Seagrass is a plant that grows and flowers under shallow areas of saltwater. There are 60 species of seagrasses worldwide, according to the National Center for Ecological Analysis and Synthesis. Many are endangered. These seagrass "meadows" are home to marine plants and animals. In addition, they help stabilize shorelines, especially those that slope, and provide a food source to animals such as sea turtles. The importance of seagrass meadows has caused the creation of many seagrass restoration projects, which stretch from Rhode Island to Florida. Planting and growing seagrasses is not difficult if certain conditions are met.
Choose the right location for your seagrass. The saltwater should be protected from strong waves or currents and be shallow enough to allow sunlight to penetrate, which the grass needs for photosynthesis. There should not be large amounts of free-floating sediment in the water, either. Clear water is essential for growth, according to the IOSEA Marine Turtle Memorandum of Understanding website.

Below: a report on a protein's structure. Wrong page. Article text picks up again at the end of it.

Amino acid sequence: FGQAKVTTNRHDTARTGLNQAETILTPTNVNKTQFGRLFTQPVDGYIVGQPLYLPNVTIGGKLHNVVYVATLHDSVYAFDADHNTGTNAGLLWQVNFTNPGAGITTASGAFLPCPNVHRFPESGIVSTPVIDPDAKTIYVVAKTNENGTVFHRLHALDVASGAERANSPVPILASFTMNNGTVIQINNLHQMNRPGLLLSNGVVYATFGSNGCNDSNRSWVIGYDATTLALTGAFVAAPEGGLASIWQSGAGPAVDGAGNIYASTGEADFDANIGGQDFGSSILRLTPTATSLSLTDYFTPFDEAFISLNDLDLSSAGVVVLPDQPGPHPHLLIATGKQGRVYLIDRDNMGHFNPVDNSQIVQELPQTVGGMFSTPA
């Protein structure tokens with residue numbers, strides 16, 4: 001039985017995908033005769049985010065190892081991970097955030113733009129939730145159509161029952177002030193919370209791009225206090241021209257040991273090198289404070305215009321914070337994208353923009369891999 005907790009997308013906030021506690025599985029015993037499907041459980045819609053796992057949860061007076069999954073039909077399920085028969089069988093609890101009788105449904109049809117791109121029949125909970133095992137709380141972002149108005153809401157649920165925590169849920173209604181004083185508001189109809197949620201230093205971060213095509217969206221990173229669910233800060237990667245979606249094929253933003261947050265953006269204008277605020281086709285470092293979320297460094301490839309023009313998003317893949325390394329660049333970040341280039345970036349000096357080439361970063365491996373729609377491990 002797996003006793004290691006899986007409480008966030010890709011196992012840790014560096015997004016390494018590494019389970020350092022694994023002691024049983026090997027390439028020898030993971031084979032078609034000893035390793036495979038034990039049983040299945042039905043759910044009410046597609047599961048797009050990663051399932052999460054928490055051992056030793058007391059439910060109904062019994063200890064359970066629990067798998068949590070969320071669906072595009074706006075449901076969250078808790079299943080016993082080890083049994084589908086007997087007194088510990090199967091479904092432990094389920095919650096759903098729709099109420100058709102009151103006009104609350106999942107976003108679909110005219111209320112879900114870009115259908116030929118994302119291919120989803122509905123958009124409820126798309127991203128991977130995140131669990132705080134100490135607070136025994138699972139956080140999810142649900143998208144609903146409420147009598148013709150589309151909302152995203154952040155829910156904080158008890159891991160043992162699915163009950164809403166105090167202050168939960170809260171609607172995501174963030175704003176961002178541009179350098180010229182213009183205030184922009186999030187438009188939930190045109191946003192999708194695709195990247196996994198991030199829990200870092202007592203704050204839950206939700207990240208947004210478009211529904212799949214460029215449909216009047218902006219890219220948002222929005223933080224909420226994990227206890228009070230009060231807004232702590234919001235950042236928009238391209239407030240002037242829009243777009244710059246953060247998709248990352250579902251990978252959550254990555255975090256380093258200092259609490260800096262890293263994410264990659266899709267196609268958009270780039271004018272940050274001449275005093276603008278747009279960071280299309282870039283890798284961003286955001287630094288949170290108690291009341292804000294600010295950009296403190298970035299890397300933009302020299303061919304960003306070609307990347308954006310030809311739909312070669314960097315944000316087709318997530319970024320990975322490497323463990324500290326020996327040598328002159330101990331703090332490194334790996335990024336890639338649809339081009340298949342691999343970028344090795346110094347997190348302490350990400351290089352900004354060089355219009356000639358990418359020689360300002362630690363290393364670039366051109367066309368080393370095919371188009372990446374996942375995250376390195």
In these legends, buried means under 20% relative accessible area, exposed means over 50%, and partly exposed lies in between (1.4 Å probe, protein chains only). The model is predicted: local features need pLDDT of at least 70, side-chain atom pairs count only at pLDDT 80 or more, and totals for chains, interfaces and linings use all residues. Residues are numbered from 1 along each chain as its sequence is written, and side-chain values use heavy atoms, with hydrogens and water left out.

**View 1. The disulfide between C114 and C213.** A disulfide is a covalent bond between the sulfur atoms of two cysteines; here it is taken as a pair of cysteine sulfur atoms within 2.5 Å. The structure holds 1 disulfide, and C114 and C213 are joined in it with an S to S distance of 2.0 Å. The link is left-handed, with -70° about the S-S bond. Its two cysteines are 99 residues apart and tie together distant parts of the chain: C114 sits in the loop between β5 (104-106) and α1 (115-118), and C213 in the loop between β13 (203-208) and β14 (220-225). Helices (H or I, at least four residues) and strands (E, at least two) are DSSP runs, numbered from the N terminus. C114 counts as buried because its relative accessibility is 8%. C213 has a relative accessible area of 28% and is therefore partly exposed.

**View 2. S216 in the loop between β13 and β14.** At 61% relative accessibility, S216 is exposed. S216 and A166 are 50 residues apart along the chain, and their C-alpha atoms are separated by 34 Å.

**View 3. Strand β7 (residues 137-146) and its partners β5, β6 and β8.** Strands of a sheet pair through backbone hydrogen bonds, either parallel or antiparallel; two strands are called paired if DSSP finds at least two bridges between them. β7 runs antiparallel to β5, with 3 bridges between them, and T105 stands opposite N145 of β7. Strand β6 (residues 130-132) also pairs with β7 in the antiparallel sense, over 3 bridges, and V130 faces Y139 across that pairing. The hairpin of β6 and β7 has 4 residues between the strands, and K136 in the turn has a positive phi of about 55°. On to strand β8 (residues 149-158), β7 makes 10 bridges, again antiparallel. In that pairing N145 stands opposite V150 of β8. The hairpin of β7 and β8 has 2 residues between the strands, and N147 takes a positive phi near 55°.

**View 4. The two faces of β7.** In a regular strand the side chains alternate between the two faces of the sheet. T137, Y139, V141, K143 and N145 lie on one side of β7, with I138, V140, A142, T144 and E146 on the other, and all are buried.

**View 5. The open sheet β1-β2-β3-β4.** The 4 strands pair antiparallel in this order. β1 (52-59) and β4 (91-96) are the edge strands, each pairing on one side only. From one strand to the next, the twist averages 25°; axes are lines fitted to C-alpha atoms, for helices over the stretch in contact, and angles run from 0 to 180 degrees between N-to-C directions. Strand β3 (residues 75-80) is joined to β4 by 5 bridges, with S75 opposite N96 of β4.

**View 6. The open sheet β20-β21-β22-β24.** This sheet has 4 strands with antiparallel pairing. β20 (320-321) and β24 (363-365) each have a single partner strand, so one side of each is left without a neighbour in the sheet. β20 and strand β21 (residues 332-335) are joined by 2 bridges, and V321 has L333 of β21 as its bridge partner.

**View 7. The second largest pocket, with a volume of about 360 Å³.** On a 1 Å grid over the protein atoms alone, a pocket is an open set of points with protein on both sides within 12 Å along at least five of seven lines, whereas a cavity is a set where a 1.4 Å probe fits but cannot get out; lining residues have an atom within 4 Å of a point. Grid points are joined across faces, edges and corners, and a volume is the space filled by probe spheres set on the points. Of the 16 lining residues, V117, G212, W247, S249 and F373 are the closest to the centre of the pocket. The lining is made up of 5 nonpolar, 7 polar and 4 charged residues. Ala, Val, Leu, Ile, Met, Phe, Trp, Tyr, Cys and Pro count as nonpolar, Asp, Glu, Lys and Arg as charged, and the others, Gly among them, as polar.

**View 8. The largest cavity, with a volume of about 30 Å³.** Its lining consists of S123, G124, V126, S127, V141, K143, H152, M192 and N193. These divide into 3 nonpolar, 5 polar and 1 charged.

Dig up young plants from established seagrass meadows and plant them in the new location. Bury them up to the neck (where the first or second leaf starts on the stem) in the sand. Deep burial is essential to keep the newly planted grass from being washed away by currents.
Sow seeds directly into the sediment, if you don't have access to young plants. Pressing the seeds an inch or so into the sand will help them get an even better start. Some seagrass restoration organizations use a biodegradable tape to fasten the seeds to the sand, which keeps them in place until they can take root.
Protect the young plants from major disturbances to the area. Avoid landscaping or building, such as a boat dock, until the seagrass is very well established.